Member for Summer Hill, Jo Haylen, has called on the Abbott and Baird governments to stop squabbling over funding arrangements for the Custody Notification Service (CNS) and provide certainty to the support line for indigenous people in police custody.

The CNS was a key recommendation of the 1991 Royal Commission into Aboriginal Deaths in Custody and since its implementation 15 years ago, there have been no Aboriginal deaths in custody in NSW and the ACT.

The Abbott Government originally cut funding for the line and then in a last minute reversal, committed half the money required to keep the line afloat on the day funding was due to expire. The Baird Government has refused to commit the remaining half, choosing to pick a funding fight with the Commonwealth rather than provide certainty for the service.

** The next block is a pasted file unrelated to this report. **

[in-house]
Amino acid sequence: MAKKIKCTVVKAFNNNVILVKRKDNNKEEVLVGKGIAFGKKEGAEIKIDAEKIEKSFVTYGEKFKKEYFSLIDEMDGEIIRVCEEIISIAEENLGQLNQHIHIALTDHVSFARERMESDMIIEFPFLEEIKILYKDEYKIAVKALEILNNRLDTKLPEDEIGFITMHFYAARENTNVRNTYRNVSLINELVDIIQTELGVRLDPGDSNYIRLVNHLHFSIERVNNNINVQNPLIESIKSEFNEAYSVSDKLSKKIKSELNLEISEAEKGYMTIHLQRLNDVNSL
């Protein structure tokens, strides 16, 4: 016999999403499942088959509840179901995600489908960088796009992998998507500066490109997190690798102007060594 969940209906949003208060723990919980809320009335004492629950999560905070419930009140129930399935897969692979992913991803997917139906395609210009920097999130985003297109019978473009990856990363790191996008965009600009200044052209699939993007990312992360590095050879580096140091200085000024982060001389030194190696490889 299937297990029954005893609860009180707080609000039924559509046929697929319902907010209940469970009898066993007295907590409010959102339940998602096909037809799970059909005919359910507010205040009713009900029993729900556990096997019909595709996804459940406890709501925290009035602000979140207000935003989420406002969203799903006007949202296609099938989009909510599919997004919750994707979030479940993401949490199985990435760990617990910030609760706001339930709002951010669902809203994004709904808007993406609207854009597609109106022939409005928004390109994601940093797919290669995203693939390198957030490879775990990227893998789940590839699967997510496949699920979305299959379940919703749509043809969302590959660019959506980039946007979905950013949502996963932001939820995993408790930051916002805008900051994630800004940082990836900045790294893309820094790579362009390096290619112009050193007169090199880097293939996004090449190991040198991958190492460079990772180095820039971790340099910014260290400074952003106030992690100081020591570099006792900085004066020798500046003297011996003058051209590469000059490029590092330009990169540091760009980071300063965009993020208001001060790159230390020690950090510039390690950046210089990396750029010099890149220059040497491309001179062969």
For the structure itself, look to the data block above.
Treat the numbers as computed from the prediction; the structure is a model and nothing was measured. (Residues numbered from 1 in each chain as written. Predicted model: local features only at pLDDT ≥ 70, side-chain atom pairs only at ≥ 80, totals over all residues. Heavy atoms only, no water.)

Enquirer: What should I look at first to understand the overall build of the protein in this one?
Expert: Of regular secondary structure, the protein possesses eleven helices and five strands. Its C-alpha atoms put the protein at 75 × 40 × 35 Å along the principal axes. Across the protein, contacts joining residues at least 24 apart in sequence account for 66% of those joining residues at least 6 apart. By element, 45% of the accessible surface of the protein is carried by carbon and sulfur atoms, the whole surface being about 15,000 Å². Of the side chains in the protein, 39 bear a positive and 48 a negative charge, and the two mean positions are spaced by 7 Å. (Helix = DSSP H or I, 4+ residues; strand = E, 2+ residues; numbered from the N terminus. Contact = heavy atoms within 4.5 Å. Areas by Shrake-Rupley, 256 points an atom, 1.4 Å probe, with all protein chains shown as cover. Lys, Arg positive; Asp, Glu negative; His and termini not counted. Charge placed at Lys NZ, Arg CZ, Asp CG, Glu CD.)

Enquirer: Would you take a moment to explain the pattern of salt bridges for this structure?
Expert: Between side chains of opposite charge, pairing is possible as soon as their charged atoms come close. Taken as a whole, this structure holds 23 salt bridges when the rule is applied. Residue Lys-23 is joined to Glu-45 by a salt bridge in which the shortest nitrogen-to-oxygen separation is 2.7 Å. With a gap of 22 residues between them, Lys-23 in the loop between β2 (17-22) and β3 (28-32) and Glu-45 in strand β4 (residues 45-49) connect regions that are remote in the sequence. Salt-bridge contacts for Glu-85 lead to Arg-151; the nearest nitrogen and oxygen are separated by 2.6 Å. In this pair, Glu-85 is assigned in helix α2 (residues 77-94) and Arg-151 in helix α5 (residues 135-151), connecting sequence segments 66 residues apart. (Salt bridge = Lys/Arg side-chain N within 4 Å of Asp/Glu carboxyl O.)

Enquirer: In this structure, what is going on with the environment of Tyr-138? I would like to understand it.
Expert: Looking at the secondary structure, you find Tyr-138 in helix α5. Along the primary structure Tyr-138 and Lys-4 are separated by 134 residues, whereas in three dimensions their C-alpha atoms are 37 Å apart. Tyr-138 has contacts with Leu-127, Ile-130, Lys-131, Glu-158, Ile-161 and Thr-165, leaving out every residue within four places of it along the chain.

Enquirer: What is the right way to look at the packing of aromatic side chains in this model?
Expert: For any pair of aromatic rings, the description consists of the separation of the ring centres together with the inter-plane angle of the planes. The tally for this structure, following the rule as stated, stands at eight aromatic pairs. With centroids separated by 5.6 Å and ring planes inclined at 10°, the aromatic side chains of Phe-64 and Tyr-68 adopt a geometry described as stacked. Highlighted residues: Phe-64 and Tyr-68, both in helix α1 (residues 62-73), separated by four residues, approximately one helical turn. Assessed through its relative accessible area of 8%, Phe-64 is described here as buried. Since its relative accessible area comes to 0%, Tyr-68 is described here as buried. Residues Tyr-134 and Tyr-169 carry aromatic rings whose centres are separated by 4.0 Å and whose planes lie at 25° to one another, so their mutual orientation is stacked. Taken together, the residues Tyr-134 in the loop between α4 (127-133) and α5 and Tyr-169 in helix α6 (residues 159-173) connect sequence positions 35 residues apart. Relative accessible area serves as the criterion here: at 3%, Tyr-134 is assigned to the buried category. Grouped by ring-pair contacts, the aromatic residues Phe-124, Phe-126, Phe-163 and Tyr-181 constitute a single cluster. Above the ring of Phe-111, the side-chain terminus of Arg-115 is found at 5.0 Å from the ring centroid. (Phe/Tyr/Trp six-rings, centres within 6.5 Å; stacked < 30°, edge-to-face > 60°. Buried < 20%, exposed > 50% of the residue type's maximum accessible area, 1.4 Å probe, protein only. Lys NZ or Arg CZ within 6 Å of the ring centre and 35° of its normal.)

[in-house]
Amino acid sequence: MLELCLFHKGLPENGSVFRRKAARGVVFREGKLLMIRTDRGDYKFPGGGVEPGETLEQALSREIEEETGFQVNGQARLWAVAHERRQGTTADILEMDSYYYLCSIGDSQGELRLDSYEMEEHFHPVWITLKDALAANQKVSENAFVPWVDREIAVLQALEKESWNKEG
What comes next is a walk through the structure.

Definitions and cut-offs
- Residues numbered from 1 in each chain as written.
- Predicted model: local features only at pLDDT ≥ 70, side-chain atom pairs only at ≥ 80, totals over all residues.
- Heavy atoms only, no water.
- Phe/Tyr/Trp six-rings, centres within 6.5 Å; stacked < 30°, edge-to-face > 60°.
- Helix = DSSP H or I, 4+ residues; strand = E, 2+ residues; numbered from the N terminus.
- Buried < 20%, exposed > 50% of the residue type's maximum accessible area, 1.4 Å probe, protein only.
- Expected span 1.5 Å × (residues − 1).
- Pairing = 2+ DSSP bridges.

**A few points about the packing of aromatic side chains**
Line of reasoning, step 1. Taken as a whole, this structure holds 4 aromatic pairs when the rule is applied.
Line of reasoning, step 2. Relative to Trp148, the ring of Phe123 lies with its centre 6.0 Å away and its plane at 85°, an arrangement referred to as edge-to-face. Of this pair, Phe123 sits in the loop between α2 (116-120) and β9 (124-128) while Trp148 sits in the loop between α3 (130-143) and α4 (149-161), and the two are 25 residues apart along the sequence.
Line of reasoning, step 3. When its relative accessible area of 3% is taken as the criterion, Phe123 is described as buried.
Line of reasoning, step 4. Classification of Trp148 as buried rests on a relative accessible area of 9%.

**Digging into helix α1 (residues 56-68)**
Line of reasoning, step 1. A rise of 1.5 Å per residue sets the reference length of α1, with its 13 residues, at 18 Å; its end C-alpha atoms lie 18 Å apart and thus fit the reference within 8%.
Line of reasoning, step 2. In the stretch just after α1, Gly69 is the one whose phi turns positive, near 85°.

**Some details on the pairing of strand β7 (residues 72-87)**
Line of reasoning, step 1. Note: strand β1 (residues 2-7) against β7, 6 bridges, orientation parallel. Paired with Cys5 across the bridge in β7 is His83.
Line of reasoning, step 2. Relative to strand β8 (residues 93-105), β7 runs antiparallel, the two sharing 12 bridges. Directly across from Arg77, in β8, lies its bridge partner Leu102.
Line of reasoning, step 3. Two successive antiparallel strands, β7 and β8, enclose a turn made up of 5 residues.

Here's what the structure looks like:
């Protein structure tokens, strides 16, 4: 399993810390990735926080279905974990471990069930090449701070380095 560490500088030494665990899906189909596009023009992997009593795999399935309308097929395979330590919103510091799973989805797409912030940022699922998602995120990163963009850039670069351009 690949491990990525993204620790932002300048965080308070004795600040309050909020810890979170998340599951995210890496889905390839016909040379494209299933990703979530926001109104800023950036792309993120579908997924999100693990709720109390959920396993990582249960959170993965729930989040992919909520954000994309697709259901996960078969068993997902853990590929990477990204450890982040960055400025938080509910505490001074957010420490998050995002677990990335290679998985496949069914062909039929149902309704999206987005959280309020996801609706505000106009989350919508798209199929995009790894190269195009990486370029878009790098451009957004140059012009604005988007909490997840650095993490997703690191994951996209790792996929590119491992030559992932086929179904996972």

“Governments must fund services that work. The CNS works,” Haylen said.

“Mr Abbott once referred to himself as the Prime Minister for Indigenous Affairs, yet his Government and their Liberal counterparts in NSW are playing games with a service that is proven to save Aboriginal lives,” Haylen said.

“Nobody deserves to die in a police cell, not because of a short-sighted economic decision aimed to shore up the bottom line and certainly not because of a fight between the Commonwealth and the states,” Haylen said.

Haylen tabled a petition in the NSW Parliament last month supporting Australians for Native Title and Reconciliation’s (ANTaR’s) Change the Record Campaign, seeking to stem Australia’s shockingly high indigenous incarceration rates.

Haylen also called on the NSW Attorney General, Gabrielle Upton, to condemn Abbott’s cuts to community legal centres, which will debilitate front-line legal services, including the CNS.

“The Federal Government is cutting money where it hurts and their friends in the Baird Government are doing nothing about it – these cuts will make it harder for women experiencing domestic violence; they will make it harder for kids looking for legal advice; and I fear they will now lead to deaths in custody,” Haylen said.